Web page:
1. Equipment Loans: A fixed interest rate for the full term of the loan, set at the 10-year U.S. Treasury rate, rounded to the closest quarter point, plus 100 basis points.
  1. Working Capital and Account Receivable Lines of Credit: A fixed interest rate for the 12-month term of the credit line, set at the 10-year U.S. Treasury rate, rounded to the closest quarter point, plus 100 basis points.
  1. Pollution Prevention Assistance and Energy Efficiency Loans: A fixed interest rate of 2% for the full term of the loan. 

To take advantage of this ultra-low interest loan, contact SEDA-COG at 570-524-4491 or email one of its senior relationship managers directly!

John Reichard, Senior Relationship Manager II

Ray Haden, Senior Relationship Manager I

The Columbia Montour Chamber also offers its own ongoing low interest loan program, which allows qualified borrows to take out between $5-20K for no longer than five years. 

From Danville to Rwanda: Bason Coffee Owner Completes Coffee-Planting Feasibility Study

Brad Bason, owner of Bason Coffee Roasting, and Elisa, one of his guides in Rwanda.


By Lisa Z. Leighton

Twenty years after the genocide that devastated Rwanda, families continue to put their lives back together. Children have lost fathers and women have lost husbands, but the strength and perseverance of the Rwandan people was recently witnessed by Bradford (Brad) Bason, owner of Bason Coffee Roasting, and his sixteen year old daughter, Elizabeth, on a recent trip to Rwanda.

The excursion wasn’t a pleasure trip, but rather an opportunity to complete a feasibility study and draft a business plan that might assist local families with increased and more efficient coffee planting and production.

The Bason family isn’t a stranger to the region. In fact, Elizabeth traveled to Rwanda twice before this trip and served as a guide of sorts for her father. Over the years, through their home church, Bloomsburg Christian Church, the Basons have supported the City of Joy Rwanda mission and the ministry of Todd and Andrea Ellingson

For a week in August, Brad and Elizabeth traveled to Gatagara, about two hours south of the Rwandan capital of Kigali, and met with local farmers and government officials to see how their experience with coffee planting and production might serve the Rwandan community. They analyzed soil samples, climate, rainfall, harvesting techniques and production methods to see how operations might be improved.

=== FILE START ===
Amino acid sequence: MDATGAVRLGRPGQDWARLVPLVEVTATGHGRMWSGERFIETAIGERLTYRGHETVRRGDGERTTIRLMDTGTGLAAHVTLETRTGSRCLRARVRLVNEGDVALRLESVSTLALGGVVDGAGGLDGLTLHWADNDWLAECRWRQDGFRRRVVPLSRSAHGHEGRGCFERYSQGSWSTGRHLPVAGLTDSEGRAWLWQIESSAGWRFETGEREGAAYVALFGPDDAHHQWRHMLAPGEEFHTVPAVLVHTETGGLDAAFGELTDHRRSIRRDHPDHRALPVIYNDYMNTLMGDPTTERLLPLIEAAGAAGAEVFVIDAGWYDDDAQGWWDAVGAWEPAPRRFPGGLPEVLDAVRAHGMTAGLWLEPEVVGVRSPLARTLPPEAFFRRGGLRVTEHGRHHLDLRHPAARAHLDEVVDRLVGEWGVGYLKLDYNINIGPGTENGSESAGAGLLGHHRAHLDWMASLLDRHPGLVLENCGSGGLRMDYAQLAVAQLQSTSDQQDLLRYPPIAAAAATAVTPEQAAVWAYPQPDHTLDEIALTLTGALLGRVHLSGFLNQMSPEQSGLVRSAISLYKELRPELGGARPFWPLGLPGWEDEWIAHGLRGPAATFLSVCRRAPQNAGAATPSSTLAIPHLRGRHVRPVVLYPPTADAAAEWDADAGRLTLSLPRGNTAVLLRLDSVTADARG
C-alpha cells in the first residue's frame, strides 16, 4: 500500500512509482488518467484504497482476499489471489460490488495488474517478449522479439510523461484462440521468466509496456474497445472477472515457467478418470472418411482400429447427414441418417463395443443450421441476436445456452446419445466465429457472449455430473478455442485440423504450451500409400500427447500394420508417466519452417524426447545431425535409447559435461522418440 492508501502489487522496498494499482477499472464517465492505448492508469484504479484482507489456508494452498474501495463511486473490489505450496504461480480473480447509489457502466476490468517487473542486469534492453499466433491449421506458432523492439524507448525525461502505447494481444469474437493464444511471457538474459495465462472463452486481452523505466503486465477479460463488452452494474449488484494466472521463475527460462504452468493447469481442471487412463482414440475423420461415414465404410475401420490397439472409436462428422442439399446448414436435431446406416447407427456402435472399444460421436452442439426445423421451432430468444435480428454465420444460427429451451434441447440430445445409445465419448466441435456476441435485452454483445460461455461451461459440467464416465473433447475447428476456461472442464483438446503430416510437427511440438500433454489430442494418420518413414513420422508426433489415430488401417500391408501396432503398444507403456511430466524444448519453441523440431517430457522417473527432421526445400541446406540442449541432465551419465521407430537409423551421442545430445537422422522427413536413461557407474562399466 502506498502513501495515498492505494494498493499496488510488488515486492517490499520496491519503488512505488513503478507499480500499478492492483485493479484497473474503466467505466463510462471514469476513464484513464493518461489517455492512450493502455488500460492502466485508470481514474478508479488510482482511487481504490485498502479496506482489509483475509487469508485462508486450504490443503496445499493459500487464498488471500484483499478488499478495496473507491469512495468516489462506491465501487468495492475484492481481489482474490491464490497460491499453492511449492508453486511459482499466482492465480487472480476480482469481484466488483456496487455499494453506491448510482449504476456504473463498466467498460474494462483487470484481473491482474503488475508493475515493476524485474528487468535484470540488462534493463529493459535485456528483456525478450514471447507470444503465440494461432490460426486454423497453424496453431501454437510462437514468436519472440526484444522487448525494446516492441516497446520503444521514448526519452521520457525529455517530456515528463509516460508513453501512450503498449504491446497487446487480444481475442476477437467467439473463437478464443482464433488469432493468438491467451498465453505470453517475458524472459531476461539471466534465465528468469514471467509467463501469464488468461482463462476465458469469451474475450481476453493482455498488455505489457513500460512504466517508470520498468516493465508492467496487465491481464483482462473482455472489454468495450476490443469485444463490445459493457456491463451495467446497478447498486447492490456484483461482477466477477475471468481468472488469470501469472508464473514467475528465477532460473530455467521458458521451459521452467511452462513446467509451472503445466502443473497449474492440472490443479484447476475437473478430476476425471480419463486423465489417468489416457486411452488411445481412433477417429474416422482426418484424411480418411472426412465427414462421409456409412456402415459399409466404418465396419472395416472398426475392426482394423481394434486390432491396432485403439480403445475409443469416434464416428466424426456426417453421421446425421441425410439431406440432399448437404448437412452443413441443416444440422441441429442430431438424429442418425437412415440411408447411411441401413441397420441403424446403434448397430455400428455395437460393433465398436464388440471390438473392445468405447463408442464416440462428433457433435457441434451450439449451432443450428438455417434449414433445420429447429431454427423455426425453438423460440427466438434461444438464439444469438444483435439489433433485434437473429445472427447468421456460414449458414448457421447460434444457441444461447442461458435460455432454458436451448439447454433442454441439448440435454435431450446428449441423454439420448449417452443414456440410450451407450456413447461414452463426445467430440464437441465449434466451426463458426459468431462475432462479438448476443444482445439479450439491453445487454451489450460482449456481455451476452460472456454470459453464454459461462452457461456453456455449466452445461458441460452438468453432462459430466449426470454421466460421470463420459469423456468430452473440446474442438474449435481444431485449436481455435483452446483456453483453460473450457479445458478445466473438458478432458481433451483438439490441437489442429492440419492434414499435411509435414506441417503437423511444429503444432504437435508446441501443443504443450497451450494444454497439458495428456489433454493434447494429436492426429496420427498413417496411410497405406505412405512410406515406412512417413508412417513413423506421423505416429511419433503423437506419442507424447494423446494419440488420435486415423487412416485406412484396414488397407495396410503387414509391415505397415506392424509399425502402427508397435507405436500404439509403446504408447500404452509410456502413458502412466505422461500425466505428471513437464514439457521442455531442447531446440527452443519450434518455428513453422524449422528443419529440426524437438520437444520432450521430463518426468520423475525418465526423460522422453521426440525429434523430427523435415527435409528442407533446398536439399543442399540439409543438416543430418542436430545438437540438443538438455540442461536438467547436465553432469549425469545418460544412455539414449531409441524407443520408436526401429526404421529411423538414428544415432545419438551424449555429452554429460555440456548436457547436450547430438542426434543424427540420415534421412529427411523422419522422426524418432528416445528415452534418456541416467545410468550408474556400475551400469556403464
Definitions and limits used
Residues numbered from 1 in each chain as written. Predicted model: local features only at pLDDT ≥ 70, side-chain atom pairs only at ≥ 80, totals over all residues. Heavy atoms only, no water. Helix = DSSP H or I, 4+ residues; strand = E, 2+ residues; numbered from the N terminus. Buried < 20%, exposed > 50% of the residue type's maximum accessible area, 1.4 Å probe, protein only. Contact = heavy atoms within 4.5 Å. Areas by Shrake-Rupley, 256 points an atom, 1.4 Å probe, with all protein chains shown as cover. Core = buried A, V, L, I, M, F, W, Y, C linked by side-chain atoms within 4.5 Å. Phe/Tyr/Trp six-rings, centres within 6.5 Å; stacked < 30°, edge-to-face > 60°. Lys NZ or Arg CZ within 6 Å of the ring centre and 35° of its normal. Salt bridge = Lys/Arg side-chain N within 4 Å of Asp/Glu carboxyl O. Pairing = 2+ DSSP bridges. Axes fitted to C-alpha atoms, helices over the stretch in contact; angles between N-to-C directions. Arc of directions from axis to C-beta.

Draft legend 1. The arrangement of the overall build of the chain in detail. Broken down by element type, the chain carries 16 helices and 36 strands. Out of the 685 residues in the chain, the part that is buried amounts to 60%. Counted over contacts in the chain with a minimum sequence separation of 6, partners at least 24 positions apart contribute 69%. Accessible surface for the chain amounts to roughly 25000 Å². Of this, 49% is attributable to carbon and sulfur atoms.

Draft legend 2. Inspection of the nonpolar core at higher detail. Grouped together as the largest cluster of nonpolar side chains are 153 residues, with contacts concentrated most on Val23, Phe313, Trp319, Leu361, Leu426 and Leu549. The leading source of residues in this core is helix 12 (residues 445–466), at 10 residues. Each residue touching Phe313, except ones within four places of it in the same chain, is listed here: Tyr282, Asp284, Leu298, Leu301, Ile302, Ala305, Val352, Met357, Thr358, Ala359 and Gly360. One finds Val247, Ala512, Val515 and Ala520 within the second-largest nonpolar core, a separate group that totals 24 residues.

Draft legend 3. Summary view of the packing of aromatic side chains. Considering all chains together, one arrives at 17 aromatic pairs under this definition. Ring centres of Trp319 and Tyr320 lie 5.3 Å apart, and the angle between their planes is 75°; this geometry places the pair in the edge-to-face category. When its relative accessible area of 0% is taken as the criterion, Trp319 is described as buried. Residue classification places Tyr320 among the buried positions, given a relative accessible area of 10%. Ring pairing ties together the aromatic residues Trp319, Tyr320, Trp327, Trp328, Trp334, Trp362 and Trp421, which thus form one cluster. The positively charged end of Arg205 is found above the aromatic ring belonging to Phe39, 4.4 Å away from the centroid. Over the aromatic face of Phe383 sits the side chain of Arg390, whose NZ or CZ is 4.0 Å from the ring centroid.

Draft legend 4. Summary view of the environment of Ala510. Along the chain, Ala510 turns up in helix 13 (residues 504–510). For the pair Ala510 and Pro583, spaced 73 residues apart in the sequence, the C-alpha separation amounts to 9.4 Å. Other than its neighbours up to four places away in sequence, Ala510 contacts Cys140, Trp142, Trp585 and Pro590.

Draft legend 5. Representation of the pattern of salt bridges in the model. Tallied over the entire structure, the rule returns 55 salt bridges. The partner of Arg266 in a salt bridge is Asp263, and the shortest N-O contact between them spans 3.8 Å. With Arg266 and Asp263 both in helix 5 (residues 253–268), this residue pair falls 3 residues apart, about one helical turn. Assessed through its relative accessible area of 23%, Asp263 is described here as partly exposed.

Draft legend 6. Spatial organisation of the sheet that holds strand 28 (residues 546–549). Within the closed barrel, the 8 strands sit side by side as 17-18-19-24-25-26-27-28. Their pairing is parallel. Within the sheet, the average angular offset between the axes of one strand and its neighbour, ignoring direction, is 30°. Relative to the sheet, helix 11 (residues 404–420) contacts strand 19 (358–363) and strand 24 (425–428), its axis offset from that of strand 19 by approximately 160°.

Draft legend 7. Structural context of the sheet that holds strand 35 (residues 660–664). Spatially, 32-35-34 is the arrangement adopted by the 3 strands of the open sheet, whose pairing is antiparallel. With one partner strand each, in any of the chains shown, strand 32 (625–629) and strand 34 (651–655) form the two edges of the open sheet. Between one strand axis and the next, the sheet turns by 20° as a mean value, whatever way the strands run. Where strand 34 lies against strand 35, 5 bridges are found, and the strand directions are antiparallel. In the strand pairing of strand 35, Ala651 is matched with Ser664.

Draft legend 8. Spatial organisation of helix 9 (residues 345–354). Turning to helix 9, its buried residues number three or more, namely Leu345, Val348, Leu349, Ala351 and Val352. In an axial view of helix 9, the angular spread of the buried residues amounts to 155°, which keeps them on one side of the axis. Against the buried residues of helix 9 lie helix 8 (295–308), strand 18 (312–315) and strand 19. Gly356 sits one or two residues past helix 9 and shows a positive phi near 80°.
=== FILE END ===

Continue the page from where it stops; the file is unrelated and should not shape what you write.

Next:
Now that the feasibility study has been completed and the varieties of beans have been selected based on the trip’s findings, Brad is writing a business plan that will be presented to the City of Joy Rwanda board of directors. Upon approval, a fundraising effort for $15,000 will be launched; once $10,000 is secured, the project will take root.

Funds raised will be used for additional land acquisition as well as fair labor rates for coffee farm workers. Brad hopes that the coffee farm will largely be women-run, with a particular emphasis on employing widows who continue to suffer from the loss caused by the genocide decades ago.

Because the beans will be sold to a co-op, the Basons will likely never see the beans that they will help to grow, but the impact of their research will be felt one-thousand fold.

To learn more about the effort, contact Brad at 570-764-2740, or email.

Lisa Z. Leighton is a marketing professional and freelance writer who lives in Columbia County.


Green coffee cherries hang full on coffee plants. They are picked when they ripen to red.

This machine pull the hulls off of the ripe red cherries, exposing the coffee bean inside.

Women carrying full sacks of picked coffee beans in Rwanda.





Member News – September 13, 2017

Member News

  • Co., a social and professional networking group that is run by the United Way of Columbia and Montour County, will host a mixer tonight, Sept. 13 at Old Forge, located at 298 Mill St., Danville, from 5:30-7 p.m. Co. was founded to give area residents the opportunity to take advantage of all the great things this area has to offer. This group is for everyone, which means any age, ability, or area of residence. It holds multiple events each month. For more information about Co., including future events, visit its Facebook page. Co. will also host a networking event on Thursday, Sept. 28 at Three Dogs Vino, located at 129 Hidlay Church Rd., Bloomsburg, from 5:30-7 p.m.


  • Angela Slusser of Peters Consultants, Inc.

    Angela Slusser, project manager at Peters Consultants, Inc., recently became certified as an Asbestos Building Inspector following training and testing. Training for asbestos professionals is required under the EPA Asbestos Model Accreditation Plan (MAP), which the EPA issued under the Asbestos Hazard Emergency Response Act of 1986 (AHERA). The MAP requires the use of trained and accredited asbestos professionals when conducting asbestos inspections or designing or conducting response actions at schools and public and commercial buildings. MAP provides guidance to states on the minimum training requirements for accrediting asbestos professionals. Pennsylvania also requires asbestos inspections for demolition of residential structures. Angela works in the Berwick office of Peters Consultants, Inc., and can be reached by email or at 570-752-4433. For more information on Peters’ asbestos inspection and other services, visit its website.